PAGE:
Maryland’s stem-cell research program may not face the financial setback it had been expecting in the coming fiscal year after the state’s lower house last week proposed a budget that would at least triple what the upper house had proposed, and opened the door for using lottery receipts to keep funding at current levels.
The House of Delegates proposal includes $15 million for the stem-cell program in its version of the budget for FY 2009, compared with $5 million approved by the state Senate earlier this month.
However, the lower house also allowed the possibility of keeping the spending at this year’s level by including up to $8 million from the state lottery — but only if the lottery money is surplus funding above the agency’s budget, proposed at just over $507 million, Del. John Bohanan Jr. (D-St. Mary’s) told BioRegion News last week.
“Why did we stop there and not keep going? Because we have other priorities that we would use any further over-attainment for,” said Bohanan, who chairs the state delegates’ spending affordability committee and the education and economic development subcommittee, and sits on the House appropriations committee.
The state legislators will have to hash out their differences through the conference committee that will craft a single legislative version of the state budget to present to Gov. Martin O’Malley. At deadline the committee had begun meeting but had yet to decide anything.
“The Senate will move fairly quickly closer to our $15 million level, but they might now not agree to funding the full $15 million as a going-in position,” Bohanan predicted.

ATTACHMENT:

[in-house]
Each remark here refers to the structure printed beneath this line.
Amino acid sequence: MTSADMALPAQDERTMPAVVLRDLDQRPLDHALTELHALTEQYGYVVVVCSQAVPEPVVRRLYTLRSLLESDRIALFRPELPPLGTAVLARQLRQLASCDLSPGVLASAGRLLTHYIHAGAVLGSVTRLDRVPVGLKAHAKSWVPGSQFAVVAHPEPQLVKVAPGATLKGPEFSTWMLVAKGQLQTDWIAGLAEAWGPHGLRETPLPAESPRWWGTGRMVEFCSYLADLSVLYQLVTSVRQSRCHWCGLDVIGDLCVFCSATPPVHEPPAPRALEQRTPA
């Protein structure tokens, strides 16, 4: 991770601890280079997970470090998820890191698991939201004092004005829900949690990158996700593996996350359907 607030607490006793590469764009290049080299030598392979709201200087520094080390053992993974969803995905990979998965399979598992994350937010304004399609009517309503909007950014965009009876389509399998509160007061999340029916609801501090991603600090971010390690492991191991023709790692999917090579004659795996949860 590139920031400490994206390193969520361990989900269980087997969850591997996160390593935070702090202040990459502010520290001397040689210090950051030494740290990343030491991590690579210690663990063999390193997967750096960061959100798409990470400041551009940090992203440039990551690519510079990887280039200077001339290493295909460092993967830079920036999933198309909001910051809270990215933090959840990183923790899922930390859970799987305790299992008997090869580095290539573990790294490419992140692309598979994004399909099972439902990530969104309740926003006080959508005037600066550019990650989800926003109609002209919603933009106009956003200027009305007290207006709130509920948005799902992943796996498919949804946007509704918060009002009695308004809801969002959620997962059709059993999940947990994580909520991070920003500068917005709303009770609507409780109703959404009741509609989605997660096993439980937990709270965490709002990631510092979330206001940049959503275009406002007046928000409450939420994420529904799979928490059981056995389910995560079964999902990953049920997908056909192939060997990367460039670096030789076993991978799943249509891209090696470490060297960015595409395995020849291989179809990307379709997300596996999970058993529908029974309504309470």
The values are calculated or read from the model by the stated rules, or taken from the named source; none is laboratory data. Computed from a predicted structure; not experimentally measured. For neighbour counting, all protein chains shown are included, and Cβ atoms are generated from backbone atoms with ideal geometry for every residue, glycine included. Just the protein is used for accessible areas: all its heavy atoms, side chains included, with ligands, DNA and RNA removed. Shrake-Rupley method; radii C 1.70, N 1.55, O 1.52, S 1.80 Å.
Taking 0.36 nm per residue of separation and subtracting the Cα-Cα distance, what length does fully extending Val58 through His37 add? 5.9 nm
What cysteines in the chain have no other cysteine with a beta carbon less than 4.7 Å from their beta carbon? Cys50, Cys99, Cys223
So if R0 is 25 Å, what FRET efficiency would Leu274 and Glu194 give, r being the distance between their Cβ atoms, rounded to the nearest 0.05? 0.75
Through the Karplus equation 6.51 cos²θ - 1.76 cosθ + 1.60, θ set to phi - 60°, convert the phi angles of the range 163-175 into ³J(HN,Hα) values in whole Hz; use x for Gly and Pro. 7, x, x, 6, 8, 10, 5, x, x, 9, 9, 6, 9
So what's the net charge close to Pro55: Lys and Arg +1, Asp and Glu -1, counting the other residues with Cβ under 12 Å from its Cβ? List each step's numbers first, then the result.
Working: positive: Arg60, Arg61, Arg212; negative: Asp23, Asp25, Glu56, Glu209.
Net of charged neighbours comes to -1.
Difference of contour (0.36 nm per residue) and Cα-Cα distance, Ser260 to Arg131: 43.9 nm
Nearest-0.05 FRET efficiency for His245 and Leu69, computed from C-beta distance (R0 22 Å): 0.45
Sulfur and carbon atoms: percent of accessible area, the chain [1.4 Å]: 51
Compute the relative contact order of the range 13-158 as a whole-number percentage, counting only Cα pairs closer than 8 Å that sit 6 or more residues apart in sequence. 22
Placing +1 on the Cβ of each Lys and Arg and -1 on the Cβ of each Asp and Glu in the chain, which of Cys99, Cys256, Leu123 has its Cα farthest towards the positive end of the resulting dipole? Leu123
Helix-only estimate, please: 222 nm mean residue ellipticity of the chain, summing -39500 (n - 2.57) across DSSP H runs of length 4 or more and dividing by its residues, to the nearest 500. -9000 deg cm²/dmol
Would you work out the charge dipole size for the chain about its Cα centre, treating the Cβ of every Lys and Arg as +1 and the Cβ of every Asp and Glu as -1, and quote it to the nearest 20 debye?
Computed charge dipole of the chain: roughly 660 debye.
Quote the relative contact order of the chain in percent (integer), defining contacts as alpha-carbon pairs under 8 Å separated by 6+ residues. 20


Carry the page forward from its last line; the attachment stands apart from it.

Speaking to BioRegion News earlier this month, state Sen. Richard Madaleno Jr. (D-Montgomery County), a budget committee member, said senators would not rule out agreeing to a slightly larger budget for stem-cell research funding as part of a conference committee budget package. Madaleno did not return a BRN message last week seeking additional comment.
The delegates proposed the budget as the state government tries to enact $264 million in spending cuts intended to erase Maryland’s projected $332.9 million budget shortfall — a $74.7 million gap in the current FY 2008 and a $258.2 million hole expected the following year, which begins July 1. [BioRegion News, March 10
O’Malley has proposed a $31.5 billion budget for FY 2009 that would include $550 million in spending cuts — but would add $177 million to the state’s “rainy day” surplus fund to $739 million after several years of drawing down the fund.
O’Malley’s budget spared the stem cell program from cuts, but kept funding at this year’s $23 million. Lawmakers have sought to cut the program by citing the budget shortfall — as well as the fact the Maryland Technology Development Corporation or TEDCO, which oversees the program, technically has spent neither any of the $23 million budgeted this year, nor $7 million of the $15 million budgeted in 2006-07.